With cloudiest January on record, Minnesotans work to shake winter blues

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Minnesotans push through seasonal depression every winter. But the lack of sunshine in recent weeks isn’t helping those battling the blues.

“I definitely feel like SAD has taken a hold on me this year,” said Gayathri Dileepin of Lino Lakes. “Especially in comparison to previous years.”

It has been the cloudiest January since records began in 1963.

“I would say the weather usually affects me some,” said Alyssa Kong of St. Louis Park. “I would like some sun if we could get some sun.”

Dr. Michael Howell, with M Health Fairview and the University of Minnesota Medical School, said seasonal affective disorder (SAD) isn't unusual.

“It’s incredibly common and too many people think of the winter blahs as just being related to the cold and that is a very small part of that,” Howell said. “Any time it's as cloudy as it is right now, expect that there are people out there struggling.”

He told 5 EYEWITNESS NEWS that sunlight jump-starts our circadian rhythm and tells our bodies to get up in the morning. During the winter, however, it’s dark in the morning and days are shorter.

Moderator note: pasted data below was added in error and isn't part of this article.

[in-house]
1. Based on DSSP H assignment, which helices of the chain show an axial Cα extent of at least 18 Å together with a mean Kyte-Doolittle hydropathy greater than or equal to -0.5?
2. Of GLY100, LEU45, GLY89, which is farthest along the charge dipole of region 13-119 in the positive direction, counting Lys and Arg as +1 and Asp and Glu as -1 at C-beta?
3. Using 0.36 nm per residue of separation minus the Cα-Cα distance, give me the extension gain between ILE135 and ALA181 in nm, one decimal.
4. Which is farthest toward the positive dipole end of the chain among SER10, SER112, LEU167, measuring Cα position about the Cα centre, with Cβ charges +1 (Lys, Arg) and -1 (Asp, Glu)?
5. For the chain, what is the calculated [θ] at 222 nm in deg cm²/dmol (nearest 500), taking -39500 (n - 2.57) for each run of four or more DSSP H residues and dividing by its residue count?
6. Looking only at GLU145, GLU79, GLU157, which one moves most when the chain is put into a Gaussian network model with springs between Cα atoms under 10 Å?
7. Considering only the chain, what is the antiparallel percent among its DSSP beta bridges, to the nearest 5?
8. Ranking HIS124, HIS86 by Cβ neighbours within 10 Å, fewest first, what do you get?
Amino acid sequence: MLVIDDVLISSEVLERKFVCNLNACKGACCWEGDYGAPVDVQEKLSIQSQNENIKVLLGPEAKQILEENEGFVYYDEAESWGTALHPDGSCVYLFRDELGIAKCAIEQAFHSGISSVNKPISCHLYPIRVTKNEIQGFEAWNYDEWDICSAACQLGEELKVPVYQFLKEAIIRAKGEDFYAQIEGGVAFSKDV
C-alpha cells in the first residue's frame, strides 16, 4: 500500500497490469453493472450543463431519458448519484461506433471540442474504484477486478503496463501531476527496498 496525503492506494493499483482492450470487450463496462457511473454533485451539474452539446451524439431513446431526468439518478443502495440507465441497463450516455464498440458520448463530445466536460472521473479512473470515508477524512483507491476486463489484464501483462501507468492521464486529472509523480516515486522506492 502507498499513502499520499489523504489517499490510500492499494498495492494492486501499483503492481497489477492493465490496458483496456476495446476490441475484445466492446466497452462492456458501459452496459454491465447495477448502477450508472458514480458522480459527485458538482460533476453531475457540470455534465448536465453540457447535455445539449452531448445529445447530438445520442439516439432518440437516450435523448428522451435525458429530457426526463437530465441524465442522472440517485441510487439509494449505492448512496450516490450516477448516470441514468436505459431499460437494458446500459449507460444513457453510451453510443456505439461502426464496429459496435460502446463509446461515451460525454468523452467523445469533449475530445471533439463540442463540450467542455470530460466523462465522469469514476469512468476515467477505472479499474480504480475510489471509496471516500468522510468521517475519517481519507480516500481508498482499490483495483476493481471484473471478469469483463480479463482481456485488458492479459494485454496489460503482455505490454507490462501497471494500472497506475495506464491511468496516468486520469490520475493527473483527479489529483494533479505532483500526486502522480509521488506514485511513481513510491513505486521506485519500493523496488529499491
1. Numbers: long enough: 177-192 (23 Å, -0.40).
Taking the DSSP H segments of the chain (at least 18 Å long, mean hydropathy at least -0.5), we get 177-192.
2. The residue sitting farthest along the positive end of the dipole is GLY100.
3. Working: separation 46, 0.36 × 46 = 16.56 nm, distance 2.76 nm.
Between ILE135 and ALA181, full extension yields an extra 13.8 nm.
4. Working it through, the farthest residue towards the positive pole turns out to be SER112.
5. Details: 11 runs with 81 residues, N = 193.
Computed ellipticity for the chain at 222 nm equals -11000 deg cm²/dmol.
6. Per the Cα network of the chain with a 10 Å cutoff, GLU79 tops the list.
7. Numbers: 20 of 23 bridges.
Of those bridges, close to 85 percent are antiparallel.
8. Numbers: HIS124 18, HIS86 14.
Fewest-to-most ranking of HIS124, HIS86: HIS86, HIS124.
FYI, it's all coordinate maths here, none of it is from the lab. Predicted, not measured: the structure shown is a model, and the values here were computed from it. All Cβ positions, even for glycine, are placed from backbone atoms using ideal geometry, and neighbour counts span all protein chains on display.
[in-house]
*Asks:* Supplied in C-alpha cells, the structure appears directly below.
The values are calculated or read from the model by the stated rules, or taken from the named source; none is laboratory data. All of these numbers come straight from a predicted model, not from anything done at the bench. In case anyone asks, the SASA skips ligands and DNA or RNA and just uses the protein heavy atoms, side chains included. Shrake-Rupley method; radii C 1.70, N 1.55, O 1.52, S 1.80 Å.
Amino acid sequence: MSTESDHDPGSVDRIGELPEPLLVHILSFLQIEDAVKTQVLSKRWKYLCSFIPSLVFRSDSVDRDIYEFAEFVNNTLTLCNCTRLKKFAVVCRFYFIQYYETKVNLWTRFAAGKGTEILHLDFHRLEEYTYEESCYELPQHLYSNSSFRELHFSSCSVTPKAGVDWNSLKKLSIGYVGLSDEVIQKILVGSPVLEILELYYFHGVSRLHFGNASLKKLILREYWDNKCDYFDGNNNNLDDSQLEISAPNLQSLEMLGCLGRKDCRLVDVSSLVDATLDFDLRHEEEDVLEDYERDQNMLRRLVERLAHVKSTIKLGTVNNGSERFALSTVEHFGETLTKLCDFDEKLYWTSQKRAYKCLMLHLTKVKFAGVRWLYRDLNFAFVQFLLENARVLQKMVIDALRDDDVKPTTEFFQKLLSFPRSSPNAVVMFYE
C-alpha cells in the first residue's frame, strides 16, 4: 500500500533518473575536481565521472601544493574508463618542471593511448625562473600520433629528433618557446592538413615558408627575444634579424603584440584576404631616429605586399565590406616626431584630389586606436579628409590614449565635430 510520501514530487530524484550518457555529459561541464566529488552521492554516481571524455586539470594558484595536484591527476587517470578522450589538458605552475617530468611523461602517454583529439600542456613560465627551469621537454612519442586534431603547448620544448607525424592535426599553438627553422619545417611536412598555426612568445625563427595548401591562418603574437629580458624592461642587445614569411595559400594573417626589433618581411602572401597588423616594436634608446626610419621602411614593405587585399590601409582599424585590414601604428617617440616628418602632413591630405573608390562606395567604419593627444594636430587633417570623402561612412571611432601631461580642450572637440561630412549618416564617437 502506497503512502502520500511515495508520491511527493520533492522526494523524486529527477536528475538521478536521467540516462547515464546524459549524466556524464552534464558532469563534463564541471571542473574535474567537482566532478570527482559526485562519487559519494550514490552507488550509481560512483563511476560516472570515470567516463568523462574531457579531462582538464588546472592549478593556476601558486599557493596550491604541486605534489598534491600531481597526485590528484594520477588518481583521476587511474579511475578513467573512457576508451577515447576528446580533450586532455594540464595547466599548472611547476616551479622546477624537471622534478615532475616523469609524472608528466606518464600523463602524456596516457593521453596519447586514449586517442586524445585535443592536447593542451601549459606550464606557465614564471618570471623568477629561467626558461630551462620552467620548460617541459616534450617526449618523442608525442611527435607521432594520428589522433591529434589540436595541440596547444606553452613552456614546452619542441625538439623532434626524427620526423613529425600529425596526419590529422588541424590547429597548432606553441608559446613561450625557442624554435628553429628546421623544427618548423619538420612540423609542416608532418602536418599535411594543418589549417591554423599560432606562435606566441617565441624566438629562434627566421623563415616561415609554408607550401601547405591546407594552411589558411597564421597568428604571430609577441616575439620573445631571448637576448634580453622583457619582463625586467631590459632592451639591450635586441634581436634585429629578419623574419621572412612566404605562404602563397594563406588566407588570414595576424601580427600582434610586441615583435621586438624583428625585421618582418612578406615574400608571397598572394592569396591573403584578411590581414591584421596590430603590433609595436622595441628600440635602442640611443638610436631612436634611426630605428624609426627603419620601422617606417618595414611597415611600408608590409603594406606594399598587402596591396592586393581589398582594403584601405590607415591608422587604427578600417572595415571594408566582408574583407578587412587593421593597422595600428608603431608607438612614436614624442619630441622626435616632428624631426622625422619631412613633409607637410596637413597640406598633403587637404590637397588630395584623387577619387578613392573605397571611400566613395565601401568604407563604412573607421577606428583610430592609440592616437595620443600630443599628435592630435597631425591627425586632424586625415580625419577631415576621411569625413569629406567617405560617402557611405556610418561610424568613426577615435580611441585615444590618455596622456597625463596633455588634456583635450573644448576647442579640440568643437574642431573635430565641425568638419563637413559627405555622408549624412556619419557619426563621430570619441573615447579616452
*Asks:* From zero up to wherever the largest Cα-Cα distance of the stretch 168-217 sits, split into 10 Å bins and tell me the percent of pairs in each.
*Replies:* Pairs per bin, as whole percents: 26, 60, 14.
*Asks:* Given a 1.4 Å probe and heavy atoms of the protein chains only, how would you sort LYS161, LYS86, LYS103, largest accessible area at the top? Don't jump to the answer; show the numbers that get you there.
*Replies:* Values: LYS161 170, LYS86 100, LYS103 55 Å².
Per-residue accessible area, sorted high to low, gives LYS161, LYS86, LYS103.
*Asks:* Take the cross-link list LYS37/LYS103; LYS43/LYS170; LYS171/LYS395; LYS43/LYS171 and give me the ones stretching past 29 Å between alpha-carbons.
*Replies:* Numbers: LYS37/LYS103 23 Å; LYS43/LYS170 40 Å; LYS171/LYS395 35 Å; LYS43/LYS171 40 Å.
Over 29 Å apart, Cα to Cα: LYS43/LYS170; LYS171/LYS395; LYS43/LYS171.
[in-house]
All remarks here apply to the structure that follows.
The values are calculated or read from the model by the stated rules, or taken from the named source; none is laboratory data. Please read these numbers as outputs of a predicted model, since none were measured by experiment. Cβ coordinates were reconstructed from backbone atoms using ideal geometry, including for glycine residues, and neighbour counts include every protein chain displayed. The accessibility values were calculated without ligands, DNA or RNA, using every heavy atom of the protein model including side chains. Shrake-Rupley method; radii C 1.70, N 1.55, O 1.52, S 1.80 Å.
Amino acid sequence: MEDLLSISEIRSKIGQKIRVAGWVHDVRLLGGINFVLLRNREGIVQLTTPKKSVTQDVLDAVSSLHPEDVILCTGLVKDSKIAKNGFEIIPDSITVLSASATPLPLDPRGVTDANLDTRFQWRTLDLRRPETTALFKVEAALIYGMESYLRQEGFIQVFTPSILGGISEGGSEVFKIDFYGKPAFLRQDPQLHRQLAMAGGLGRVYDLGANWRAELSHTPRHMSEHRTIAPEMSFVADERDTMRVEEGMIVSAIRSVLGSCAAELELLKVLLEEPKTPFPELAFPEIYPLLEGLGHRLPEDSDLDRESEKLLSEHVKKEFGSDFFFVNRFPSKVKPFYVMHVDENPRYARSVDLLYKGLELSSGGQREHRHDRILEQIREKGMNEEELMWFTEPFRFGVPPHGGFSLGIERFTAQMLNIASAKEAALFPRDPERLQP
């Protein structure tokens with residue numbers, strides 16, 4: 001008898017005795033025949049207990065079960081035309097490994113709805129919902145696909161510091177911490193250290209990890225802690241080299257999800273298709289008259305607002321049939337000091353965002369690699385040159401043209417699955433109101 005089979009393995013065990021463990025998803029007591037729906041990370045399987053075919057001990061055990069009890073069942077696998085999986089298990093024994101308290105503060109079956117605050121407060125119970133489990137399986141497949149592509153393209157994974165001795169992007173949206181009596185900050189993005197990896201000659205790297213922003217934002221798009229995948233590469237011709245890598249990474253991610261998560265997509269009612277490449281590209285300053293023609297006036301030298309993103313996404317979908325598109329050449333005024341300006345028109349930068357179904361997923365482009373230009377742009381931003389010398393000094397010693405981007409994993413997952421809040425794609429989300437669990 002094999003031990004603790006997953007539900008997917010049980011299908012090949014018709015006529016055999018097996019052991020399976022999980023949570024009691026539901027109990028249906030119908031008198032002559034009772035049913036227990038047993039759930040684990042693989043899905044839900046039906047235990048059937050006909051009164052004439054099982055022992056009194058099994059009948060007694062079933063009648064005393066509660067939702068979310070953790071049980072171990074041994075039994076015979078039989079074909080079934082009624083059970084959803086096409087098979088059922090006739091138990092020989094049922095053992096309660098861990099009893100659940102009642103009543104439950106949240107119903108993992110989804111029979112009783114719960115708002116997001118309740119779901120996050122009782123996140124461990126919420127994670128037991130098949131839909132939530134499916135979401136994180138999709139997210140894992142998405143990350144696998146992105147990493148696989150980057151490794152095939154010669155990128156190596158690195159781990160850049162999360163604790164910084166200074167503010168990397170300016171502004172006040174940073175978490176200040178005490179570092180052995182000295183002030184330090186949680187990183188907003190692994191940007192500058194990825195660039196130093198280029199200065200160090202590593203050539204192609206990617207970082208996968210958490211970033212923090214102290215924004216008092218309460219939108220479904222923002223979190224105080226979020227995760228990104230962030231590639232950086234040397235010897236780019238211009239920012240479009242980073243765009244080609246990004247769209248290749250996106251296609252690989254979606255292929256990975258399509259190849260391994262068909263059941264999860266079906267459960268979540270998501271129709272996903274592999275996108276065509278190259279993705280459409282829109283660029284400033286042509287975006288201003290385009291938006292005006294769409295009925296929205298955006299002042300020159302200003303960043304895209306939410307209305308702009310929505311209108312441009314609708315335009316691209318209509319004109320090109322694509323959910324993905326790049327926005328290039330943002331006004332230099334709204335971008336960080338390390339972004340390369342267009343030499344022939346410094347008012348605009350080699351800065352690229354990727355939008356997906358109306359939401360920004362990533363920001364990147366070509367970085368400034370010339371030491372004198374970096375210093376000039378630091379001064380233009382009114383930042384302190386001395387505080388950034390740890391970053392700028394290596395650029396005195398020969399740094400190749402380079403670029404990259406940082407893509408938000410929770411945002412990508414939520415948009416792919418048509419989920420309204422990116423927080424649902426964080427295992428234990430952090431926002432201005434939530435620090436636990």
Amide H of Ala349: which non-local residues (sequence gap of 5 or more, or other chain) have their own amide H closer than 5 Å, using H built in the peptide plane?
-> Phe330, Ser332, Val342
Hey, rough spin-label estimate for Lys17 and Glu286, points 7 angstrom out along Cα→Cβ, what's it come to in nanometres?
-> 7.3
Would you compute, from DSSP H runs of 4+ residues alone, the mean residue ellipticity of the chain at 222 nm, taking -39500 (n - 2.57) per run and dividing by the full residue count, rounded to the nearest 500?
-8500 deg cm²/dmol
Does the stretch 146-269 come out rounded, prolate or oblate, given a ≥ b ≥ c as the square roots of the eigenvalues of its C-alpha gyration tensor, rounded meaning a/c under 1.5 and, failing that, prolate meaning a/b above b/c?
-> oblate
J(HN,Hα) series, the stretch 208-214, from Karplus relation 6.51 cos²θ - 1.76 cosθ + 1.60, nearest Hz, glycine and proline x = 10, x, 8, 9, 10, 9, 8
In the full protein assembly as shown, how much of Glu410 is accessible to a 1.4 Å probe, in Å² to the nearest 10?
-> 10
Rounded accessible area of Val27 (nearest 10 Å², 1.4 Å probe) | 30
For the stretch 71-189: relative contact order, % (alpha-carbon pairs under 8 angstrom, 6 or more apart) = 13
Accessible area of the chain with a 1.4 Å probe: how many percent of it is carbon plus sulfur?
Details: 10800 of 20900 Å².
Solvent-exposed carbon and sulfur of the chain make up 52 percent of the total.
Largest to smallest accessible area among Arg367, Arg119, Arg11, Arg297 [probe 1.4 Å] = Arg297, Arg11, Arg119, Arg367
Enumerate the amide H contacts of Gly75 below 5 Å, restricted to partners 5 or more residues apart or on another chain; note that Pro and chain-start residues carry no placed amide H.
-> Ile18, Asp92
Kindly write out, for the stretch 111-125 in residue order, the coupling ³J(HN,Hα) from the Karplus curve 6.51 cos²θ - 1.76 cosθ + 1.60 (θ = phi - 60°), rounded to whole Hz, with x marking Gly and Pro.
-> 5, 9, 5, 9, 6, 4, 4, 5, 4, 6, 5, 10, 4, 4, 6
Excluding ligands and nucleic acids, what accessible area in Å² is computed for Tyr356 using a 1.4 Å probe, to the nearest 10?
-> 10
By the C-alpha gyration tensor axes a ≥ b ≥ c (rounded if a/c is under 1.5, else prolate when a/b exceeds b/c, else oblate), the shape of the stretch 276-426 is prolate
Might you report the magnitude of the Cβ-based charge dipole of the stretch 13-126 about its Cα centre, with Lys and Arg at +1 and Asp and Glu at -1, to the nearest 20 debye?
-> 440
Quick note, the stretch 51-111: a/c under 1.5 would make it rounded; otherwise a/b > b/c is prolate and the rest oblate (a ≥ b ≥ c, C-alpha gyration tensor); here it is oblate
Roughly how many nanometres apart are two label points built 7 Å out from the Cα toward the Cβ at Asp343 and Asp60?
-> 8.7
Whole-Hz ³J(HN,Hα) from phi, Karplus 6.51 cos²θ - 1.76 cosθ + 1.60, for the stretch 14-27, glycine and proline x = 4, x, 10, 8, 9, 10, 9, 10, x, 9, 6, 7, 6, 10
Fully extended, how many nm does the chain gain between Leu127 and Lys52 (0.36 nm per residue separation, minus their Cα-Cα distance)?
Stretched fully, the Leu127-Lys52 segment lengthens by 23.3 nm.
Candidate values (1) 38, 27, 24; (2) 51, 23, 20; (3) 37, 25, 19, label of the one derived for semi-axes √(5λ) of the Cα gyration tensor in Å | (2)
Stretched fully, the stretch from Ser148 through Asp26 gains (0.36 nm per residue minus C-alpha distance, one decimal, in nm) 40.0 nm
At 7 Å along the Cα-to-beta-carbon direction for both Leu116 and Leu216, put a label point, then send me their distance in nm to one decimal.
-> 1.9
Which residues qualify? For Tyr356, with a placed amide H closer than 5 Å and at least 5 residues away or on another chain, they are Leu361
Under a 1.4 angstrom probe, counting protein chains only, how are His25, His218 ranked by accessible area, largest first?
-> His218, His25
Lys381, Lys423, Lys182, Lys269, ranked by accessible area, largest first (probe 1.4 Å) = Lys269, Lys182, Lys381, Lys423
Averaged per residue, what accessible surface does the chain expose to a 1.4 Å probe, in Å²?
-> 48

“People can feel more depressed, less joyful, have more sluggishness, less energy,” Howell said.

He recommended a couple of ways to help SAD symptoms.

“Do take as much opportunity as you can to be outside in the light,” he said.

Light therapy boxes can also help. He said they provide exposure to 10,000 lux of light, which mimics sunlight.

“Turn it on and just get used to getting bathed in that light,” said Dr. Howell. “As you're checking your email in the morning, or texting, or having breakfast, or watching the morning news — just have it within a few feet just like any other light.”

He recommends using it for at least 30 minutes per day. Users should not look directly into the light.

It’s a product one Minnesotan swears by.

Circadian Optics’ founder Amber Leong appeared on ABC’s "Shark Tank" in October.

“Light is vital for our physical and mental health,” she said. “The lack of light was really affecting my health.”

She landed a deal for her light therapy products.

Others improve SAD symptoms by taking a trip to warmer climates. While some, like Kong, are trying to find the silver lining.

“At least we're not in the polar vortex like we were last year. We're happy about that,” she said. “I would say embracing the weather like going skiing, snowshoeing, I feel like that helps.”